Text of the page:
Leech nods. "It's 'bout three in the morning, mebbe later. He stayed til you were outta surgery, but after that I told him to go home. He felt bad, leavin' Maggie alone with the baby all night."

"Oh." Ruckus' voice is flat, face blank as he processes that information. "When'd she'd have the kid?"

"A month ago, or about that. It's a girl." Oddly, Leech finds some refuge in this mundane conversation, catching up on the events Ruckus missed while he was on the lam and simultaneously repressing his own feelings of frantic worry and deep gratitude.

Ruckus nods slowly, and Leech can see him casting about for another neutral topic. His motivation is probably the same: He has no desire to deal with Leech's emotions, either. Giving him some slack, Leech squeezes his hand before releasing it, straightening up away from the bed.

"The nurse told me to let 'em know when ya woke up," he offers in explanation as he steps away.

Only to immediately freeze when that hand lifts and gropes unsteadily towards him. "Wait, Leech."

Hearing his name said by that caustically roughened voice, for the first time in nearly six months, Leech is helpless to resist. Eying Ruckus uncertainly, he steps back and reclaims the man's left hand, looking down at it to avoid embarassing either of them by showing how affected he is. When he's certain his voice won't waver, he murmurs in a forcedly casual tone, "Yeh?"

But no response comes immediately, besides Ruckus' fingers squeezing his, until Leech does lift his eyes to meet the colder pair focused on him. Once he has, the corner of Ruckus' mouth twitches.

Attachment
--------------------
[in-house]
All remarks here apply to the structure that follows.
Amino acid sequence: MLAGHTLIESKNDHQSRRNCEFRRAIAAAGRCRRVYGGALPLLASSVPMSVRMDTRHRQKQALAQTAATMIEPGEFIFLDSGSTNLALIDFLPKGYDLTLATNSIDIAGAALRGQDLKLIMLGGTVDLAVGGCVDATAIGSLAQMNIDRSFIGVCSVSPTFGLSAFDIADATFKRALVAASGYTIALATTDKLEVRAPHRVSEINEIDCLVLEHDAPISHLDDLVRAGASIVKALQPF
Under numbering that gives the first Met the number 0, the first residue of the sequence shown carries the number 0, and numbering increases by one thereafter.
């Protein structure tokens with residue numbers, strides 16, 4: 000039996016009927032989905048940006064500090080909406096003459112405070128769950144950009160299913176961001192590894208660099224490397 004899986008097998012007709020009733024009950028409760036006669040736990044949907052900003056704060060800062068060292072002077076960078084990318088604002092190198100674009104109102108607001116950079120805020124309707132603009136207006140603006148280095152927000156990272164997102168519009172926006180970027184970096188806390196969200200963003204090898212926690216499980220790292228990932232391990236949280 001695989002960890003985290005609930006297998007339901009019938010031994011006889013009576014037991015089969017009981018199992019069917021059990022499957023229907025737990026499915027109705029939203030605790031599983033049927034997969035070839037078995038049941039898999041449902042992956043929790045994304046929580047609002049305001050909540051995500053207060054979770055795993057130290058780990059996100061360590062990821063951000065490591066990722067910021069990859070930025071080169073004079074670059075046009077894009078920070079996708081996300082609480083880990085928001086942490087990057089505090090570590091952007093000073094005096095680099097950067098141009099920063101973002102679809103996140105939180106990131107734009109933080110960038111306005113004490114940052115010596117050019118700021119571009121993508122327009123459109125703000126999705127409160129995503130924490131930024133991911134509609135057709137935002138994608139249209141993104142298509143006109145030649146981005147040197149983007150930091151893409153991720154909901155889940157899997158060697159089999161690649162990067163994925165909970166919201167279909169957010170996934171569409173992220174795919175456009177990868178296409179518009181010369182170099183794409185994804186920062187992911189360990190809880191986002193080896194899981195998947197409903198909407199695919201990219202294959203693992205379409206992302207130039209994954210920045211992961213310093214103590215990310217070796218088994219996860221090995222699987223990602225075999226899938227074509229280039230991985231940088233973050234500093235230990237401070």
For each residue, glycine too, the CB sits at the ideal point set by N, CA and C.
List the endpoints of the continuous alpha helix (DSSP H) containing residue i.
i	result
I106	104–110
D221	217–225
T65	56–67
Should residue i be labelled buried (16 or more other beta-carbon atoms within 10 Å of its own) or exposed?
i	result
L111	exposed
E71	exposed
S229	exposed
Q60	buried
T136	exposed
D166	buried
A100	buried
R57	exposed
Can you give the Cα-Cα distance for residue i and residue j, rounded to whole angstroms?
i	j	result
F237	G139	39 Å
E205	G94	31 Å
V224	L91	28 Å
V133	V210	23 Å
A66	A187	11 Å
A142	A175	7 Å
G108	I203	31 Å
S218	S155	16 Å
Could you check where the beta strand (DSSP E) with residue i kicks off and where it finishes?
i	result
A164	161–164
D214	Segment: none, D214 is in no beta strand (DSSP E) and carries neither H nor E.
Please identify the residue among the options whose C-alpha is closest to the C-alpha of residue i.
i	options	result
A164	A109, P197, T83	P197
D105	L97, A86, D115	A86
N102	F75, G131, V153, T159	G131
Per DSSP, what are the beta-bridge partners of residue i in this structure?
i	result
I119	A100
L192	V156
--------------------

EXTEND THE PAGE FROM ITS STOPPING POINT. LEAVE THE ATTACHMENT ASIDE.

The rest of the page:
"I look that bad off, huh?"

Nonplussed by the question, Leech uncertainly tracks his gaze over that familiar face, the arms, and what can be seen of the body, as if he hasn't spent hours staring at it already and marking out each bruise, each laceration, each stark black stitch, each bandage. Eventually, his attention returns to those eyes, and he makes a motion somewhere between a shrug and a nod. "Bad enough. Why? Feelin' vain all of a sudden?"

"No," Ruckus says, giving another brief half-grin in acknowledgement of Leech's poor attempt at humor. "Jus' figured, yer not pissed at me, so it must be pretty terrible."

For some reason this comment disarms Leech thoroughly, breaking through his tension and his own grin comes easily, even accompanied by a quick, quiet laugh. "I'm plenty pissed, but yer right - I can't yell at you when ya look this pathetic." Taking another step closer, Leech leans down to press a brief but solid kiss to Ruckus' mouth, not sparing the tear at the corner where the piercing was evidently almost ripped out. When he pulls away, the patient's eyes are closed, but that corner of his mouth is undeniably curved. Repressing, as well as he can, his own smile, Leech speaks quietly. "I'm gunna go get the nurse; I'll be back."

Keeping his eyes closed, Ruckus tightens his fingers around the others in acknowledgement before letting them go.